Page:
The Krappy Kamera Show had the usual elements of a gallery opening—wine, cheese, crowds, framed images carefully hung on walls. But, there were also signs that this was something different: descriptions next to each photograph that listed not just the medium, but also the camera, which could be something strange like “homemade camera” or “Motorola E815.” And there were the baroque neon signs pointing to an area upstairs called the “Salon de Refuses.”
In early March, several hundred flocked to the Soho Photo Gallery, a cooperatively run gallery in Tribeca, for the opening of the Tenth Annual National Krappy Kamera Contest and Show. Fifty images were selected for exhibition from nearly 1,200 entries from across the country. The photographs varied in subject matter, style, and size, but they had all been taken with what Sandra Carrion, the show’s founder, calls “krappy kameras.”
For Carrion, a “krappy kamera” isn’t defined by the price, or the quality of the cameras lens. “It has to with the camera’s original intention,” she says. Most of the photographs in the show were taken with cheap plastic “toy cameras,” which weren’t intended to produce fine art. Others were created with pinhole cameras, homemade cameras, and the occasional cell phone or PDA. Carrion fondly remembers a past entry made using a hollowed out potato as a pinhole camera. Despite the fact that digital cameras continue to go down in price and up in quality, the use of such lo-fi cameras has been on the rise in recent years.
Similarly, last year NPR reported a rise in the sale of vinyl records, due both to an increased availability of equipment. A similar trend is at play in the photography world. Photographers, realizing the limitations of digital cameras, are increasingly getting back to basics and using the simplest of film cameras.
The majority of the images in the Krappy Kamera Show were taken with an inexpensive plastic camera imported from China called the Holga. From an unassuming building on an eastern stretch of Sunset Boulevard in Los Angeles, Freestyle Camera serves as the sole U.S. importer of the Holga and a number of other traditional film cameras and films from Eastern Europe. Sales of the Holga, and other simple film cameras, have definitely been on the rise in recent years, says Patrick DelliBovi, Senior Vice President of Sales and Marketing at Freestyle. In 1997, there were just 10,000 Holgas sold in the U.S. but last year Freestyle sold 6 times that amount. “A lot of professionals are saying I don’t want to spend all my time in front of a computer. I want to still be out shooting,” he says, noting that many still find that film lends a warmth, and a pleasing softness to its images that crisp, cool digital pics can’t duplicate. It’s comparable to people insisting they listen to Bob Dylan on vinyl rather than on iPod. For DelliBovi, and many others, the renewed popularity of such basic film cameras is a natural backlash against digital cameras and that feeling that as soon as you buy your fancy, expensive, new digital camera, it’s outdated.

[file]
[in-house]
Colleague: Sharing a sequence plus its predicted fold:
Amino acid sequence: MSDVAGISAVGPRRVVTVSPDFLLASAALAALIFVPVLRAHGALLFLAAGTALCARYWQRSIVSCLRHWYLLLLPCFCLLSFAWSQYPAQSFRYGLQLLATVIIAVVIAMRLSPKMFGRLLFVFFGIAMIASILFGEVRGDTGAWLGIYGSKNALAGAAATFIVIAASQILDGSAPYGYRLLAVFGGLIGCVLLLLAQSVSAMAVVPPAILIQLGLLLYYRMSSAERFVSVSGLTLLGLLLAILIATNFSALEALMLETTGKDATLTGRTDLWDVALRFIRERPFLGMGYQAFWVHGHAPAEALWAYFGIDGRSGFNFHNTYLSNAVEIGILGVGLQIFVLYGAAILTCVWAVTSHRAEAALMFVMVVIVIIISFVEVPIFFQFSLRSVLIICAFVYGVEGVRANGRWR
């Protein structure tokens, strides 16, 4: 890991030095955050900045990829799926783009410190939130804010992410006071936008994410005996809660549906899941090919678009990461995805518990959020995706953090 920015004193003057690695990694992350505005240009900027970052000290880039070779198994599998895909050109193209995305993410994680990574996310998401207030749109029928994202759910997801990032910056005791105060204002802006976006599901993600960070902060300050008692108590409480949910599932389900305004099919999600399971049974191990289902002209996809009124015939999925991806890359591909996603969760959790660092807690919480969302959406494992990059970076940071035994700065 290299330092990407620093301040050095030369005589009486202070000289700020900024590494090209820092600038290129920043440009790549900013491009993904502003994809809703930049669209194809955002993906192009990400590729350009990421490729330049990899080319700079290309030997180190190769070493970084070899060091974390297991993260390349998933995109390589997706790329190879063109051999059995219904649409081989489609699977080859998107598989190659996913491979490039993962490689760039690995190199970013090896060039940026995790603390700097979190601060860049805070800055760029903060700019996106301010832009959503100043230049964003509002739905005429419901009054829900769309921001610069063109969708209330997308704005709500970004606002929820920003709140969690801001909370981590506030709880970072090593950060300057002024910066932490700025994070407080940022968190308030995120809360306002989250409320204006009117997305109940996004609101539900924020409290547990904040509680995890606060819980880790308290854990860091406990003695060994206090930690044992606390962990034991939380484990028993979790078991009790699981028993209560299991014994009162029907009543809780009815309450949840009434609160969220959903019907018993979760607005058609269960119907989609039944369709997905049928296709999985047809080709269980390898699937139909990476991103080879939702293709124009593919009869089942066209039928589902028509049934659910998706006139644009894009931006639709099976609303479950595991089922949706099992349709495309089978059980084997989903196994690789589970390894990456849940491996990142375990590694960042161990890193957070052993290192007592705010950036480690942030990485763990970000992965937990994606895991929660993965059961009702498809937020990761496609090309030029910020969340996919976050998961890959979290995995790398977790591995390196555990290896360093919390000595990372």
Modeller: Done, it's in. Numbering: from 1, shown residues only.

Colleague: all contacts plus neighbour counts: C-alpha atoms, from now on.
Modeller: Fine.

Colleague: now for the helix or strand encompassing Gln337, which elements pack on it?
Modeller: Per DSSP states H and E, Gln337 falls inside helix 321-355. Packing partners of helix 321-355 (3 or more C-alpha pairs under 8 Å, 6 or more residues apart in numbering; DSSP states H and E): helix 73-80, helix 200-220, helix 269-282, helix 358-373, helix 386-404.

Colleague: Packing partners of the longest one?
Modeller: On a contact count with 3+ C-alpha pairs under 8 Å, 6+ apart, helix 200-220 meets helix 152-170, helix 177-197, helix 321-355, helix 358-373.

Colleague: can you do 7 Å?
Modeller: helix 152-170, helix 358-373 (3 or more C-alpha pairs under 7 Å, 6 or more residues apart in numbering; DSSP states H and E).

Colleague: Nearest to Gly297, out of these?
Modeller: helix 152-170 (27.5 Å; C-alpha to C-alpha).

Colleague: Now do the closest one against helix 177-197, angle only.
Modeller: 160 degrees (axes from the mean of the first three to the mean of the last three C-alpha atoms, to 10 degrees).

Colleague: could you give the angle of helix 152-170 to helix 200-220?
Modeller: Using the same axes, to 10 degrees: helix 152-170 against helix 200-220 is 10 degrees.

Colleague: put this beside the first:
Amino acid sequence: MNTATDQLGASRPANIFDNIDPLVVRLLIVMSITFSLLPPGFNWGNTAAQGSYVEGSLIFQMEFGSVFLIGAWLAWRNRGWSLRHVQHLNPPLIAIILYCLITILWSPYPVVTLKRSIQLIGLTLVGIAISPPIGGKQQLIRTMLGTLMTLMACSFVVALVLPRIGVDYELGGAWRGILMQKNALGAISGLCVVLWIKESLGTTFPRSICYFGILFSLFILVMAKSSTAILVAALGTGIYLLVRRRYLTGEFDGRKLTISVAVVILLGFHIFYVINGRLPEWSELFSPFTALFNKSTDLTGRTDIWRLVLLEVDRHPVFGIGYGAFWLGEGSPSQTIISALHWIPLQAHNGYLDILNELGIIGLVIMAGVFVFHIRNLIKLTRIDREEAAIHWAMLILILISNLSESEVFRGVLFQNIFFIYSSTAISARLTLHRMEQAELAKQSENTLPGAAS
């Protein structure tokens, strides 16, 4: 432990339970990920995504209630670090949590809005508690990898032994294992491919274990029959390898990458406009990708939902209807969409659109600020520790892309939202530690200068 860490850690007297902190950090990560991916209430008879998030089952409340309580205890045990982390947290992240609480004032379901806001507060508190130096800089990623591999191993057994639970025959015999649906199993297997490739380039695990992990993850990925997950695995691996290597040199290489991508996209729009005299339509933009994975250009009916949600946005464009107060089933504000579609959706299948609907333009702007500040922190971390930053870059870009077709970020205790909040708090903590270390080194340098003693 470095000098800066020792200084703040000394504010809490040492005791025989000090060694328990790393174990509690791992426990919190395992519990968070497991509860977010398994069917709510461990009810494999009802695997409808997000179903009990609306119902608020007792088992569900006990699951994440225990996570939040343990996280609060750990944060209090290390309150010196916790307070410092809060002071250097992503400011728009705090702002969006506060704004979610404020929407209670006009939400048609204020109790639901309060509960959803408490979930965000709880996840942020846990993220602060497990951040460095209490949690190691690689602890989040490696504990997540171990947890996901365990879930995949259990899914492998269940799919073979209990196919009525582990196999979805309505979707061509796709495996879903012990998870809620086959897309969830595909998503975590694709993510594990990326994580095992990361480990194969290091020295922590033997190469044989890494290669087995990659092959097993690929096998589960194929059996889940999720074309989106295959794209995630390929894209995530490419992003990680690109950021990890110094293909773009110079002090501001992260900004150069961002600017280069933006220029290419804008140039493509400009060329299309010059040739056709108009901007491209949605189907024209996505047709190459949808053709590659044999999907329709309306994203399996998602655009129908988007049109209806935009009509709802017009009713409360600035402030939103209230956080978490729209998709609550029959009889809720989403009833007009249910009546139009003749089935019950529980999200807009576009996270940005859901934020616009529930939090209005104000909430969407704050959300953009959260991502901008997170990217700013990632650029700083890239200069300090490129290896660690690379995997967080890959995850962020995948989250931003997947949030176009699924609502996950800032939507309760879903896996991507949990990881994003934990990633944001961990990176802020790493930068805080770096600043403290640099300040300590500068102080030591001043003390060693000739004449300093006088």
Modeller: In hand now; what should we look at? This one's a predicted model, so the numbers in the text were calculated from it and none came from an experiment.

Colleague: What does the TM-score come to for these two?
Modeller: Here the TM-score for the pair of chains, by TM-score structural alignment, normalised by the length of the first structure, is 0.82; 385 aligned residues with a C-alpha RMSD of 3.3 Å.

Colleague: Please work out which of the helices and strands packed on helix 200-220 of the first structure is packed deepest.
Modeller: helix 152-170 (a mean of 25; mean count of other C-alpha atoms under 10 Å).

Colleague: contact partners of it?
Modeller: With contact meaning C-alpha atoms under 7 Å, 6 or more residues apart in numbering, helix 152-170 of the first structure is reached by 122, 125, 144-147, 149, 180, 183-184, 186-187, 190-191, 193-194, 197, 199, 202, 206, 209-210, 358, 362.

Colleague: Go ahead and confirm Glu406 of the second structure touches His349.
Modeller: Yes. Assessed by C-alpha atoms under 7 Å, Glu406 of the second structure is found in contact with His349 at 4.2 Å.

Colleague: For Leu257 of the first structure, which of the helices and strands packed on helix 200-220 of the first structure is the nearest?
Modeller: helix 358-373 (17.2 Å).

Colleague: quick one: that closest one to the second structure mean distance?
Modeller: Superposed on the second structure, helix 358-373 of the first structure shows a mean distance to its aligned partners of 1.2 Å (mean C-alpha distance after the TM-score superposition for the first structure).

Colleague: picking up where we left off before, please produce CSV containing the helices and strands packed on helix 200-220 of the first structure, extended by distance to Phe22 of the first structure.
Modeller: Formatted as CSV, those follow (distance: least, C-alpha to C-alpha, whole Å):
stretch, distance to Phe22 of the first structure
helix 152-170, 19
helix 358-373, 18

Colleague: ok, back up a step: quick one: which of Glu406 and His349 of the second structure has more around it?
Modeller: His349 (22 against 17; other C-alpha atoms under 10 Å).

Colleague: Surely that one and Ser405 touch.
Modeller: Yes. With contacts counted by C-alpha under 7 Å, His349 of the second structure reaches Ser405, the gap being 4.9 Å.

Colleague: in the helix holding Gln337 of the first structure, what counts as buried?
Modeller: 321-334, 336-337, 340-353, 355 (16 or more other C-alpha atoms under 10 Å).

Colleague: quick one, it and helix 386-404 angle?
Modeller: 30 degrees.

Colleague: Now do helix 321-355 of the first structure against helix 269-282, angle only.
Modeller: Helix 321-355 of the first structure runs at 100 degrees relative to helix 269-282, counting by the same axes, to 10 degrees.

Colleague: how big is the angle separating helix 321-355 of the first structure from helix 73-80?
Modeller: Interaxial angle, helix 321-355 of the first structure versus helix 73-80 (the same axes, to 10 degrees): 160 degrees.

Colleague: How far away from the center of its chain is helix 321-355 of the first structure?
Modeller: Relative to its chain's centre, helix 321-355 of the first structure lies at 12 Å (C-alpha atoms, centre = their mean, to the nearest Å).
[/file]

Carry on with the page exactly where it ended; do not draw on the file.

This year marked the first year that the show has included a special category for “krappy” pictures taken with decidedly unfancy digital cameras--cell phones and PDAs. It will probably be the last. The category received just a handful of entries, and the juror for this year’s competition, Jill Enfield--an artist, author and teacher who has taught at Parsons, New York University, and the International Center of Photography—says it was the category that least impressed. In judging the competition, Enfield had a deceptively simple standard. She was looking for photographs that “she wanted to look at for more than a few minutes.” A picture of a gaggle of swans taken by New Hampshire photographer Susan Lirakis took the grand prize this year. Lirakis captured the swans, their necks jutting out at various angles that lead the viewers eyes across the square frame, in black and white with a Holga camera. The edges around the image darken softly, an effect common to the Holga, known as vignetting. Though the photograph was taken just last year, it looks like it could be several decades old.
The shoddy construction of the Holga and other cameras like it lends its images a unique, anachronistic charm. Exposure can be unpredictable, focus is often soft, and leaks of light can sneak into the frame. Enfield describes the aesthetic saying, “for me I find it appealing because everything isn’t sharp. You do have some of the light leaks. It almost looks like historical imagery.” Michelle Bates, whose portrait of a monkey in Nepal placed first in the competition, says “my artistic vision is really heavily based around the Holga.” She enhances the Holga’s vignetting effect by printing her images with rough edges. Though this was her first year in the show, Bates has long been a proponent of lo-fi photography. In October of 2006, she published Plastic Cameras: Toying with Creativity. With its niche subject matter gaining vogue, the book has sold several thousand copies and necessitated a second printing.